Effect of particle morphology and contacts on particle breakage in a granular assembly studied using X-ray tomography

Granular Matter, May 2019

The macroscopic response of a geomaterial is entirely determined by changes at the particle scale. It has been established that particle crushing is affected by particle size, shape and mineral composition and initial density; and the initiation of breakage has often been related to the onset of yielding. Encouraged by the success of X-ray tomography in revealing particle-scale mechanisms of deformation, we present our findings regarding the onset of particle breakage, deriving from our study of 3D images of a dry granular assembly undergoing crushing. We propose two bespoke image analysis algorithms, which allow us to track breakage and identify contacts prior to breakage. The combination of the two algorithms, along with the high resolution of the 3D images enables us for the first time to track breakage of individual particles, identify different breakage modes for each particle and simultaneously study the effect of particle morphology and coordination number on breakage. Three different breakage types are identified: chipping, splitting and fragmentation. We have found that particle heterogeneity and sphericity mainly contribute to fragmentation, whereas the coordination number also affects chipping. The confining stress state within the particles with high coordination number made them more resistive to fragmentation, whereas particles with low coordination number mainly undergo fragmentation. The shearing of the particles at their contact points, leads to local stress concentrations resulting into surface chipping. Finally, we discuss the relation between the initiation of breakage and yielding, showing that some breakage occurs before the point where yielding is traditionally defined.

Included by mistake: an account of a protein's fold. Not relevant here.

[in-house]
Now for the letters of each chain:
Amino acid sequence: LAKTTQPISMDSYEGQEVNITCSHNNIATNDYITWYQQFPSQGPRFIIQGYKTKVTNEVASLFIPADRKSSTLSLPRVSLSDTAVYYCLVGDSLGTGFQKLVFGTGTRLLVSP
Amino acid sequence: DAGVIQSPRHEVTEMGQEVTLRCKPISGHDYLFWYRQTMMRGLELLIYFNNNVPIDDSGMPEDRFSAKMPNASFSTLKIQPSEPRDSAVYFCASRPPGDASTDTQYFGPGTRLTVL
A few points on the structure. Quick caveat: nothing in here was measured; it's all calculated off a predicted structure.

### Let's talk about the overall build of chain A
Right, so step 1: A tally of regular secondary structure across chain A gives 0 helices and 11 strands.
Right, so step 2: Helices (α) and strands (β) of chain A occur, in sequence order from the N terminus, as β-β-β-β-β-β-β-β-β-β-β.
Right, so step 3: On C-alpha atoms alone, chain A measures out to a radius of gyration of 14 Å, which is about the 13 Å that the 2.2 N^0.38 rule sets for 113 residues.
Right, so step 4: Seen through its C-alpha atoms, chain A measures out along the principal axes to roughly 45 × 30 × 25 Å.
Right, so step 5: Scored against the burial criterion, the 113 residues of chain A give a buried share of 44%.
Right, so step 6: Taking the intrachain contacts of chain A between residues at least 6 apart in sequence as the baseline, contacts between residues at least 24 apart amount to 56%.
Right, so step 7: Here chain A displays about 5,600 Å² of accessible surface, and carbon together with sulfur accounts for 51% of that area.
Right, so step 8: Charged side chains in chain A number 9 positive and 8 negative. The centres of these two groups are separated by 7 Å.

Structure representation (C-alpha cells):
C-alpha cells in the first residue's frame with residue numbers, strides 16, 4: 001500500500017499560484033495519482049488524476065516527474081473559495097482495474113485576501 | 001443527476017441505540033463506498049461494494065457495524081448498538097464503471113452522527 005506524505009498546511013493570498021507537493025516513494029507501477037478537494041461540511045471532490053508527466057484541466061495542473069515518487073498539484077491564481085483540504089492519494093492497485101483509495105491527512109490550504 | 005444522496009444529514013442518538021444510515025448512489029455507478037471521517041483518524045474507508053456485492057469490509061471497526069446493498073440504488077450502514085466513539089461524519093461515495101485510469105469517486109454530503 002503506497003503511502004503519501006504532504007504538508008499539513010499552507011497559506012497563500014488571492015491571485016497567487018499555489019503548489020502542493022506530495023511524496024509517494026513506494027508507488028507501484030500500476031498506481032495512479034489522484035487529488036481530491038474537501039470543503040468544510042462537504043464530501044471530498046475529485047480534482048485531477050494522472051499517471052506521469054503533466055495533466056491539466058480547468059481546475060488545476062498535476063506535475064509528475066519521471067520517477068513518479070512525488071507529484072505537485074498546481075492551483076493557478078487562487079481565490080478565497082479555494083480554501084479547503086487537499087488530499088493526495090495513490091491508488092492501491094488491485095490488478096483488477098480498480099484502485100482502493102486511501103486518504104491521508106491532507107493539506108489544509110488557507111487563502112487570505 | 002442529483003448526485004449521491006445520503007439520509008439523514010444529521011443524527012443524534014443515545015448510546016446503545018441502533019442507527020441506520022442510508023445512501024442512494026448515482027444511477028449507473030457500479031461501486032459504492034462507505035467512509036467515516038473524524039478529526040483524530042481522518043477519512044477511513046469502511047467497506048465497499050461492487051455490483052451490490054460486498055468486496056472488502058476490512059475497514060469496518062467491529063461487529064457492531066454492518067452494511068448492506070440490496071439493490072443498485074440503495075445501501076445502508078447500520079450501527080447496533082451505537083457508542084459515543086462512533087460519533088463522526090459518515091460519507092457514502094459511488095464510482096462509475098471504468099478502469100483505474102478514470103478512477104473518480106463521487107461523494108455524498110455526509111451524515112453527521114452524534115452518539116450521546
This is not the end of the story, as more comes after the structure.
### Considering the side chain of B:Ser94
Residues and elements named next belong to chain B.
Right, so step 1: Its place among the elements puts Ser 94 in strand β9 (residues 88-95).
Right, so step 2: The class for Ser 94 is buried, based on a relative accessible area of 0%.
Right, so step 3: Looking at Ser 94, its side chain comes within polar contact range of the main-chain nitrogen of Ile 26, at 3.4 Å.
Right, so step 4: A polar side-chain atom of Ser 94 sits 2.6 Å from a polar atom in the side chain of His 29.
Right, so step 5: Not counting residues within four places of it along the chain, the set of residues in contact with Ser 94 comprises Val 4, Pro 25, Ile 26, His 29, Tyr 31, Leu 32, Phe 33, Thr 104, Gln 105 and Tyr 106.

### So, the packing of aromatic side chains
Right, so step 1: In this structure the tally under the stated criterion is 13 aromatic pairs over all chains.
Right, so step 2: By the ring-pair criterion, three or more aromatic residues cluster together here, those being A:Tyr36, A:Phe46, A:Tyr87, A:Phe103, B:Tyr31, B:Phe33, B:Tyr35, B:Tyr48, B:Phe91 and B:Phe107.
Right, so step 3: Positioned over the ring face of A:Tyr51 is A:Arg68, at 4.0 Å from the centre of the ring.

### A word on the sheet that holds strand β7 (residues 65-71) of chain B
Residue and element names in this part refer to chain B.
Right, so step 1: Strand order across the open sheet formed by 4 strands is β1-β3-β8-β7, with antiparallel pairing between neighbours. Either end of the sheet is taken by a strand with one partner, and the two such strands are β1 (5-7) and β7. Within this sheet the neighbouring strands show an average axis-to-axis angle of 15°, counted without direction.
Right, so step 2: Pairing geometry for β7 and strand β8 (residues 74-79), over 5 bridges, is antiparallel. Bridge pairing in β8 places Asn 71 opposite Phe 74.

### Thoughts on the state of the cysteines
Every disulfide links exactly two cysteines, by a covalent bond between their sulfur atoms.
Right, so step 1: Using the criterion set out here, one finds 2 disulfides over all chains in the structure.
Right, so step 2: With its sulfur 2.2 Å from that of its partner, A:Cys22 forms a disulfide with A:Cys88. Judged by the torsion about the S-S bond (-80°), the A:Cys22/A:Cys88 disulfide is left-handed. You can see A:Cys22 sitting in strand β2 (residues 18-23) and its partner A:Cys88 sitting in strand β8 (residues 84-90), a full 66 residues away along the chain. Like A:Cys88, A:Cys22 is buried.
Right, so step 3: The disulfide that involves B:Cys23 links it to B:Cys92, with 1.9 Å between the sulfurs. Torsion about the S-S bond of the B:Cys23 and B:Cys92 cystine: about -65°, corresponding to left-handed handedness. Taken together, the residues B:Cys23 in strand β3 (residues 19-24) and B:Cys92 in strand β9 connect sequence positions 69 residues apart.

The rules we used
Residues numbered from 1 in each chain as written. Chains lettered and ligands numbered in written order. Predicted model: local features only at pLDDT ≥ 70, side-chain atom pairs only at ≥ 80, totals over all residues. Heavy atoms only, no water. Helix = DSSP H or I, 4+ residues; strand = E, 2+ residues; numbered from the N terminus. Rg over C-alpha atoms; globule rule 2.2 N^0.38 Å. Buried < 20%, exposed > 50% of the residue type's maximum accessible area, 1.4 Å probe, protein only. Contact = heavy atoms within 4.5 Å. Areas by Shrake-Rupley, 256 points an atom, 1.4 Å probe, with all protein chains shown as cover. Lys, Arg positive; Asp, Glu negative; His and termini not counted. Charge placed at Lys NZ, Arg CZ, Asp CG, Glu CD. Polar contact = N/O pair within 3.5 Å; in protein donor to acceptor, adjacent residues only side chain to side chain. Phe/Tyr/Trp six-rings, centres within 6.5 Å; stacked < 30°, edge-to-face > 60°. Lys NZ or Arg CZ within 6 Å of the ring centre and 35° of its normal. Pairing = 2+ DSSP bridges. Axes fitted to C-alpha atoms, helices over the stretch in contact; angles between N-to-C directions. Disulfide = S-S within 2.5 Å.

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Effect of particle morphology and contacts on particle breakage in a granular assembly studied using X-ray tomography